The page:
New measures require businesses to commit to net zero by 2050 to win major government contracts

Photo by Romain Dancre on Unsplash

By September, prospective suppliers bidding for government contracts above £5m a year must have committed to the 2050 net zero target and published a carbon reduction plan, while firms that fail to do so will be excluded from bidding.

Announced on World Environment Day, the new measures make the UK government the first in the world to put this requirement in place.

The new rules are set to support the government’s plan to build back greener by ensuring that potential government suppliers publish ‘clear and credible’ plans to reduce carbon emissions across their operations to bid for major government contracts.

Minister for Efficiency and Transformation, Lord Agnew, commented on the announcement: “The government spends more than £290 billion on procurement every year, so it’s important we use this purchasing power to help transform our economy to net-zero.

“Requiring companies to report and commit to reducing their carbon emissions before bidding for public work is a key part of our world leading approach.

“These measures will help green our economy, while not overly burdening businesses, particularly SMEs.”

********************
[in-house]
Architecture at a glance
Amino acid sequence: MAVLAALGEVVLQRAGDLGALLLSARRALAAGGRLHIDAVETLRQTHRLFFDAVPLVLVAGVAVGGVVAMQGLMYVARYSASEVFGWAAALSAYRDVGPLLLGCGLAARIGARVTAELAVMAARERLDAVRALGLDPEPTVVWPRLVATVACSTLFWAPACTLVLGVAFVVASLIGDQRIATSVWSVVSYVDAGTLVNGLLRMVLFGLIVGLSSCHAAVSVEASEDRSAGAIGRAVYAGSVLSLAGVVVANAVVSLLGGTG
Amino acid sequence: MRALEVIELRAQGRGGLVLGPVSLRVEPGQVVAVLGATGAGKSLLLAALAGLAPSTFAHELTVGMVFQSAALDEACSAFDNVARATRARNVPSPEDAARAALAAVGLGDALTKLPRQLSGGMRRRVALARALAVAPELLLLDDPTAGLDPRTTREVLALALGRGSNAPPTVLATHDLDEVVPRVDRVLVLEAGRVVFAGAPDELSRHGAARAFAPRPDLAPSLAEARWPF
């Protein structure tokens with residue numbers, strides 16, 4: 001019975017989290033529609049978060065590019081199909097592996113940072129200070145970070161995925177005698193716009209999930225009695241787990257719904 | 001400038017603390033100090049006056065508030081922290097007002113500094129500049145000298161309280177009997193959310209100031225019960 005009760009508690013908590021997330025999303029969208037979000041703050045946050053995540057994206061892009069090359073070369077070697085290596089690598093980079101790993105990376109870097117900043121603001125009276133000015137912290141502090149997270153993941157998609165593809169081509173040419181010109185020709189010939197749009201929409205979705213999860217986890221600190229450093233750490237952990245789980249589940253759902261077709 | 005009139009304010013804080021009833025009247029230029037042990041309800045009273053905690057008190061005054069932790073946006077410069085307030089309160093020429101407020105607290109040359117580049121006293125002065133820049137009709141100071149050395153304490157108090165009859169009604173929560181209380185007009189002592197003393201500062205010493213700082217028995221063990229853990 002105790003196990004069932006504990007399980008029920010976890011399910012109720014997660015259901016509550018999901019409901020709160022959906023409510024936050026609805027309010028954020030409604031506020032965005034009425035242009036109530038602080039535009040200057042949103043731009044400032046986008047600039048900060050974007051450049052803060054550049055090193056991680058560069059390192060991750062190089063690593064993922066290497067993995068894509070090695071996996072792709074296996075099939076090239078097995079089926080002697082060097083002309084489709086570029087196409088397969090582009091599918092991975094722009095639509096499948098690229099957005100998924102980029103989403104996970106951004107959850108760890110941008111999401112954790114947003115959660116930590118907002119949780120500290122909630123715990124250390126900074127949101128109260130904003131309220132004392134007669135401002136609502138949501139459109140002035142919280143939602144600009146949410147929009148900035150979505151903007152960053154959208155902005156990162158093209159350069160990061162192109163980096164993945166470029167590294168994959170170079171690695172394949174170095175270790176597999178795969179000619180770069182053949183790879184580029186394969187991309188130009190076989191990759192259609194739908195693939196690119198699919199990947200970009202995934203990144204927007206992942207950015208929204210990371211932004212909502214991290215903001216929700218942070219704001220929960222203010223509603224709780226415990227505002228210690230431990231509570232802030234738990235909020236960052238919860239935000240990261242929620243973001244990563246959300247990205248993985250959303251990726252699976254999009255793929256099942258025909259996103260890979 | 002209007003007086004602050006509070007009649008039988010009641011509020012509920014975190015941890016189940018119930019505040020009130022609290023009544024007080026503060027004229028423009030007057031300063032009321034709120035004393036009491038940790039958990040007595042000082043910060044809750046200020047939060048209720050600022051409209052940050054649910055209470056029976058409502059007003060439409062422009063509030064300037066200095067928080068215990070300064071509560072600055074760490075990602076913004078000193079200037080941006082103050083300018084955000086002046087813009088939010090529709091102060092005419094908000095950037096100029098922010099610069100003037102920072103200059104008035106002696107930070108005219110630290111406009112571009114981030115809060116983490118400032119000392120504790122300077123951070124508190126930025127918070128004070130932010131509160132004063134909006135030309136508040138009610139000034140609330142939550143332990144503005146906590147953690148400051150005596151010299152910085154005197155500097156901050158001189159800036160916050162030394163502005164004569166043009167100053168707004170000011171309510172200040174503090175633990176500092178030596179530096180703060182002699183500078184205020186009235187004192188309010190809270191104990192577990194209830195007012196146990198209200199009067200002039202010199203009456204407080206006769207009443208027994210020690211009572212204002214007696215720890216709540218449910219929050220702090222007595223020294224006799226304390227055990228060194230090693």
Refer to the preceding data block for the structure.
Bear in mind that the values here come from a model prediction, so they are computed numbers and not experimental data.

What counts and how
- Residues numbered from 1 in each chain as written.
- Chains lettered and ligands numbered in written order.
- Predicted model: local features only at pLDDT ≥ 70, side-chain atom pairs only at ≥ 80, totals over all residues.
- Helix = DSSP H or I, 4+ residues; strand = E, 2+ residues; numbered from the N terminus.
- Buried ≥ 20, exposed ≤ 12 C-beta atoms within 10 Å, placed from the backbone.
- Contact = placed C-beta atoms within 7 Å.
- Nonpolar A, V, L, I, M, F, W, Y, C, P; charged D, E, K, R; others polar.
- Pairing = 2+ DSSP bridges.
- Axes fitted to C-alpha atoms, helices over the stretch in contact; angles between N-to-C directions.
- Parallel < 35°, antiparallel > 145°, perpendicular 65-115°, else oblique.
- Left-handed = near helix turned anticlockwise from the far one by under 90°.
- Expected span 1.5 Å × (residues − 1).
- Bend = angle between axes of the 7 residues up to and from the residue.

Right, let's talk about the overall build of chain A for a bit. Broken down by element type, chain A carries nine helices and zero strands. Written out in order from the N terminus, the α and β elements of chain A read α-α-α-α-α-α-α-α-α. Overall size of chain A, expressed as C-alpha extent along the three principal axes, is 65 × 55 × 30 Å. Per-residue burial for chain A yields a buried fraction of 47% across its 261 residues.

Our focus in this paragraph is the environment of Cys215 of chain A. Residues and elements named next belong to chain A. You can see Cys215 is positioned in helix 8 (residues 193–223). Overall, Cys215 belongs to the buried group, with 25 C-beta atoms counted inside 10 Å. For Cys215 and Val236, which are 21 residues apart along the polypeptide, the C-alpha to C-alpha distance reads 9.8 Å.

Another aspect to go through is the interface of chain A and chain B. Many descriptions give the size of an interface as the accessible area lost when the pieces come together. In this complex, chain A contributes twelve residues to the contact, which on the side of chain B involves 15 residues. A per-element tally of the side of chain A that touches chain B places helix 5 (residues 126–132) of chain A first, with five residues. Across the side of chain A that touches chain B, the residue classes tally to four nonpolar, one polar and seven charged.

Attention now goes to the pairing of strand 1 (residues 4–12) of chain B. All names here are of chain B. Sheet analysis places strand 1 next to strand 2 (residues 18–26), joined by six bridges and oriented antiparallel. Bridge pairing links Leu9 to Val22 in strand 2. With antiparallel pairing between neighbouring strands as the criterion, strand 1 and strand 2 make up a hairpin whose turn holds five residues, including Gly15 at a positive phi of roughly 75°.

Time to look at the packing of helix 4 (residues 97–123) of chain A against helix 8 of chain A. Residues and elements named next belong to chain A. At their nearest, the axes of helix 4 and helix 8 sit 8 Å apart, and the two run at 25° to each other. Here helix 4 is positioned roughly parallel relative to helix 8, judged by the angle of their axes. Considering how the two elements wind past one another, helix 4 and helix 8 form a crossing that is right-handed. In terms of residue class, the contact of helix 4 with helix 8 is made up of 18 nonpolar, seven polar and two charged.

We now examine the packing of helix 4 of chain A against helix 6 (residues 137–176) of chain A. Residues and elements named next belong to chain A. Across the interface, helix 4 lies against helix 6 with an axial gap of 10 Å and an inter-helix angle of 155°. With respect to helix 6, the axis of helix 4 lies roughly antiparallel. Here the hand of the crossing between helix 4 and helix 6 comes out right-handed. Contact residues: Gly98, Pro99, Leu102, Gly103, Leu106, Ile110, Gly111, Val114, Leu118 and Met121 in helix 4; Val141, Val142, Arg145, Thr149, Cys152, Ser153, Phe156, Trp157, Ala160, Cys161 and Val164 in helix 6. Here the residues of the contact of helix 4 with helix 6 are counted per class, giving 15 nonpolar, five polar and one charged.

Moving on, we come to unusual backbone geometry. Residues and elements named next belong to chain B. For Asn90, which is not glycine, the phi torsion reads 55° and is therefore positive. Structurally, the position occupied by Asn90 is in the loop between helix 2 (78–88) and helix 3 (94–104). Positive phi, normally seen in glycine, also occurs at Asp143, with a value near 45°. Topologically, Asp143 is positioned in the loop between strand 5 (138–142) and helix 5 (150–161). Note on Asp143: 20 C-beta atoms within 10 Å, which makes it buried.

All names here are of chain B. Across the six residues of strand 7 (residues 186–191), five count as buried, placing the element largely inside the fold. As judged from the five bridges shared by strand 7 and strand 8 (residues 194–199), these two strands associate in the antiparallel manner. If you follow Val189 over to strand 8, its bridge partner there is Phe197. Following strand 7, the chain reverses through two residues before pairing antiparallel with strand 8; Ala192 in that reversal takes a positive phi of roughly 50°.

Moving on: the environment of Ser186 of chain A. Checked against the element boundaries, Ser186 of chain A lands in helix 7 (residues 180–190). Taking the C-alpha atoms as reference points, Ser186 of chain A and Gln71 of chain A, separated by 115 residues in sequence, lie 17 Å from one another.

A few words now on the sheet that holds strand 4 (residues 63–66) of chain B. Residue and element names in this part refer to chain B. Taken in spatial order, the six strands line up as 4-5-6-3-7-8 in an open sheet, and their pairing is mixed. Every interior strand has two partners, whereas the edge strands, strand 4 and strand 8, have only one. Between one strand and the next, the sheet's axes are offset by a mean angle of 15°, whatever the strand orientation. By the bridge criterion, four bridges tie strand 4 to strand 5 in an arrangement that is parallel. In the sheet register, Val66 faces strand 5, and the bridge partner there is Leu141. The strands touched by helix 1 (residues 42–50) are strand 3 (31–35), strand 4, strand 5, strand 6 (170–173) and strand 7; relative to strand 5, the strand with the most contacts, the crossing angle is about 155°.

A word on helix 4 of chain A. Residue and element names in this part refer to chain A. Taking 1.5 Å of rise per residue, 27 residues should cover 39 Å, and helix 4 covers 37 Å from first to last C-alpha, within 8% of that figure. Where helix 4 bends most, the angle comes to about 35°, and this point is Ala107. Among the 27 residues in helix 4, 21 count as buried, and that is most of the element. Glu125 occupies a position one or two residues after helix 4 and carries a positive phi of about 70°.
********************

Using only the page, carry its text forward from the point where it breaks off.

A carbon reduction plan sets out where an organisation’s emissions come from and the environmental management measures that they have in place.

Some large companies already self-report parts of their carbon emissions, known as Scope 1 (direct) and Scope 2 (indirect owned) emissions.

The new rules will go further, requiring the reporting of some Scope 3 emissions, including business travel, employee commuting, transportation, distribution and waste.

Scope 3 emissions represent a significant proportion of an organisation’s carbon footprint.

The new rules seek to drive forward the government’s green agenda, while also striking a balance to not overly burden and potentially exclude small and medium-sized enterprises from bidding for government work.

All companies bidding for major government contracts will need to comply with the measure, not just those who are successful in winning contracts.

The measures will apply to all central government departments and arm’s length bodies.

The approach is similar to the successful prompt payment measure introduced in 2019, which allowed a supplier’s performance in paying their subcontractors promptly to be taken into account when bidding for government work.

As a result of this measure, the government reports improvements in payment performance across the UK economy.